Ear type 1: meet the Centennial Library’s Youth Advisory Group or “YAG at CE” for short.  YAG members at the Centennial Library meet every Thursday from 4-7 PM.  The group has been involved with some impressive art work which have displayed on library walls.  At some meetings, special guest speakers are invited to talk about a wide array of topics that interest teens.  See the program details for more information!

Or, YAG at the Barbara Frum Library, is another great example of ‘ear type 1’.  The group meets once a month to discuss some ‘youthful’ topics.  The group is involved with the teen bulletin display and they also offer suggestions for monthly teen programs.  Did you also know that teens who are members of YAG also receive volunteer hours that can be used to chip away at their graduation requirements?  See the program details for more information.

Or ear type 2, the newly founded Seniors Group at the Barbara Frum Library.  The group is a cadre of older adults in the Bathurst & Lawrence community that inform the library primarily about library programs.  At the last monthly meeting in early November, the group spoke about their favourite movies of all time.  Word is that next year; a few of these titles will be selected and screened in celebration of senior’s month in June.  See the program details for upcoming meeting times and more information. 

November blues are here but no need to fear

November 9, 2010 | Jorge | Comments (2)


What are the first few words that you think of when someone brings up the month of November?  I quickly asked staff at the Barbara Frum Library and their responses were surprisingly similar: cold and colder, fall and leaves falling, dark and darker, and remembering lost ones and Remembrance Day.  Some even went as far as calling it “Novembrance.”  

That’s some depressing stuff, isn’t it?

But why get consumed by an inescapable time of the year unless, of course, you’ve carved out enough resources to vacation down south?  Instead, why not take it for what it is and accept that mourning and colder weather is an essential part of our Canadian lives.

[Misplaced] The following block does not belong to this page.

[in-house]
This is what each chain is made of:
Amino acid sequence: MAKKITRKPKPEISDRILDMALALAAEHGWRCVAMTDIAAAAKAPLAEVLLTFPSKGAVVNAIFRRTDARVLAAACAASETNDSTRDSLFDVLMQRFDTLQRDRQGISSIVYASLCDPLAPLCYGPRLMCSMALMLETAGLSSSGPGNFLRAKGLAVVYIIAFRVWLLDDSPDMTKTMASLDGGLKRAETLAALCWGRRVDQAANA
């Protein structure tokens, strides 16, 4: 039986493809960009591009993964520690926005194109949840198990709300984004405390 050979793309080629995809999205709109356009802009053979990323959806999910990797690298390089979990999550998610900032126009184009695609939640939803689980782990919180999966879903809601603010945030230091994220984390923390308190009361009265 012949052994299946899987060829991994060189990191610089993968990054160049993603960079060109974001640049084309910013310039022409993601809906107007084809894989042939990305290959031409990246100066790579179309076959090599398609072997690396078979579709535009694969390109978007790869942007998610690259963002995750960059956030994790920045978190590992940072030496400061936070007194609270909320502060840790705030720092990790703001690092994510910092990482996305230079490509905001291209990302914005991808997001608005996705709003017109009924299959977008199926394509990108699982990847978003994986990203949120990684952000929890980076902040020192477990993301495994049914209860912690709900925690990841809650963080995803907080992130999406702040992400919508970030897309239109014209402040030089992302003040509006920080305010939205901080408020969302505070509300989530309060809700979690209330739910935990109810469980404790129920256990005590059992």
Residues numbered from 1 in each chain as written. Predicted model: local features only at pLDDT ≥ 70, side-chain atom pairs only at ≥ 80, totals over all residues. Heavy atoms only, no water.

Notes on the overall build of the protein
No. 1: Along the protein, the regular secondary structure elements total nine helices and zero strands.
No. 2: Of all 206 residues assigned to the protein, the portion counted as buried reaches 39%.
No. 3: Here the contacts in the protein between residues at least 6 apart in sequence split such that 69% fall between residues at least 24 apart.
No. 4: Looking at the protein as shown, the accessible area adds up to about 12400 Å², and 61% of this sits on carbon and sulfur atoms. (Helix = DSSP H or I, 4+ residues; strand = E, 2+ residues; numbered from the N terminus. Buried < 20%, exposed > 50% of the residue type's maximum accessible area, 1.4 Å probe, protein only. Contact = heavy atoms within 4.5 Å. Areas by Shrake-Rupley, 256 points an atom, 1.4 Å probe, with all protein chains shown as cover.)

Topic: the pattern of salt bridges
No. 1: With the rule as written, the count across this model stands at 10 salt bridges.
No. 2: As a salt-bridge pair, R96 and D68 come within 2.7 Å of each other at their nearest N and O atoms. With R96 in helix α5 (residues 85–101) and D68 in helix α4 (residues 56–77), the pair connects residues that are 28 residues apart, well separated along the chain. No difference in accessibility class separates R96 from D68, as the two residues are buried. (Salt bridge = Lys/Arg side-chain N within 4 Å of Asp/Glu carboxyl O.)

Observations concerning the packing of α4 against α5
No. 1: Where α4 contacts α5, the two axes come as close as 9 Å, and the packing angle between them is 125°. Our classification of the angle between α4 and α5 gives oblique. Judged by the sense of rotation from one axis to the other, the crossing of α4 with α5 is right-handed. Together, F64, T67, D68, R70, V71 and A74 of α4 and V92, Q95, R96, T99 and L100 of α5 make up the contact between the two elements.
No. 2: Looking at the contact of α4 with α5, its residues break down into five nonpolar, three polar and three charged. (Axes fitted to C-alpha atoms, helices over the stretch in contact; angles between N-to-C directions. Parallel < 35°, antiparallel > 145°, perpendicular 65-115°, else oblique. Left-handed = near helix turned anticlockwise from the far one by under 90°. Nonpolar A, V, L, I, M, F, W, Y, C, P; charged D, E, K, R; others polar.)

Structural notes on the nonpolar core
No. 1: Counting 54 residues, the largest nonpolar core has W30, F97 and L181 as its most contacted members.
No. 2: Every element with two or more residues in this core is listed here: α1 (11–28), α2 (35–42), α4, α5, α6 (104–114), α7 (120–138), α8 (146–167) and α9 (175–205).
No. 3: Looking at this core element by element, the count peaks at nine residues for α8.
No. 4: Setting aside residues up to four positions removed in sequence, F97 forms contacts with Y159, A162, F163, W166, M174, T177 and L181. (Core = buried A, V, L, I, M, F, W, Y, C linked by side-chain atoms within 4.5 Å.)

So now you may ask: how do we accept the melancholy while remaining happy with our lives?  There is no simple answer but I swear before my very own eyes that I witnessed it at the 30th Annual Holocaust Education Week hosted at the Barbara Frum Library.

On a chilly fall afternoon, it was paradoxical to see smiling faces and chuckles throughout a completely filled room.  Maybe it was Susan Papp’s creative production skill or something else in the air, but for a historically sensitive issue, it was amazing to see how many people came out to show their support in smiles and pride.

Holocaust Education Week at the Toronto Public Library ends today with a presentation at College/Shaw Library.  For other Holocaust Education Week programs outside the library, see the webpage for the Holocaust Centre of Toronto.

You can also borrow Outcasts: A love story, the print version of the film screened at the Barbara Frum Library on November 3.  Just click the book image below to make your request.



         Outcasts: A love Story

Who is Barbara Frum: explaining the etymology of the Barbara Frum District Library

November 1, 2010 | Jorge | Comments (3)

So what is the story behind the naming of the Barbara Frum District Library?  Yes, it is true that the library is named in honour of Barbara Frum (1937-1992), the distinguished Canadian broadcaster and writer who rocked Canadian media in the 80s.  But this wasn’t always the case.  The library originally opened under the name “Bathurst Heights” back in 1962, which served a local community need.  The library quickly became a popular venue in the community and it was only four years later that the library expanded to serve a regional need, so it was renamed “Bathurst Heights Regional Library.”

But how and why did the library’s name change to the Barbara Frum District Library? In the early 90s, population growth mixed with greater demands on library resources and services drove the need for an enlarged facility.  To keep a long story short, the library exchanged property for a brand new facility at 20 Covington Rd and renamed the building after a local hero and distinguished national treasure, Barbara Frum.

On your next visit to the Barbara Frum Library check out our photo displays of Barbara Frum on the 1st and 3rd floors. 

For further reading on Barbara Frum, check out these reading materials and research databases:


A Daughter's Memoir - BF

Canada in Context


Biology and Genealogy Master Index


As it Happened

Barbara Frum:

A Daughter's Memoir  

Canada in Context Biography and Genealogy Master Index

As it Happened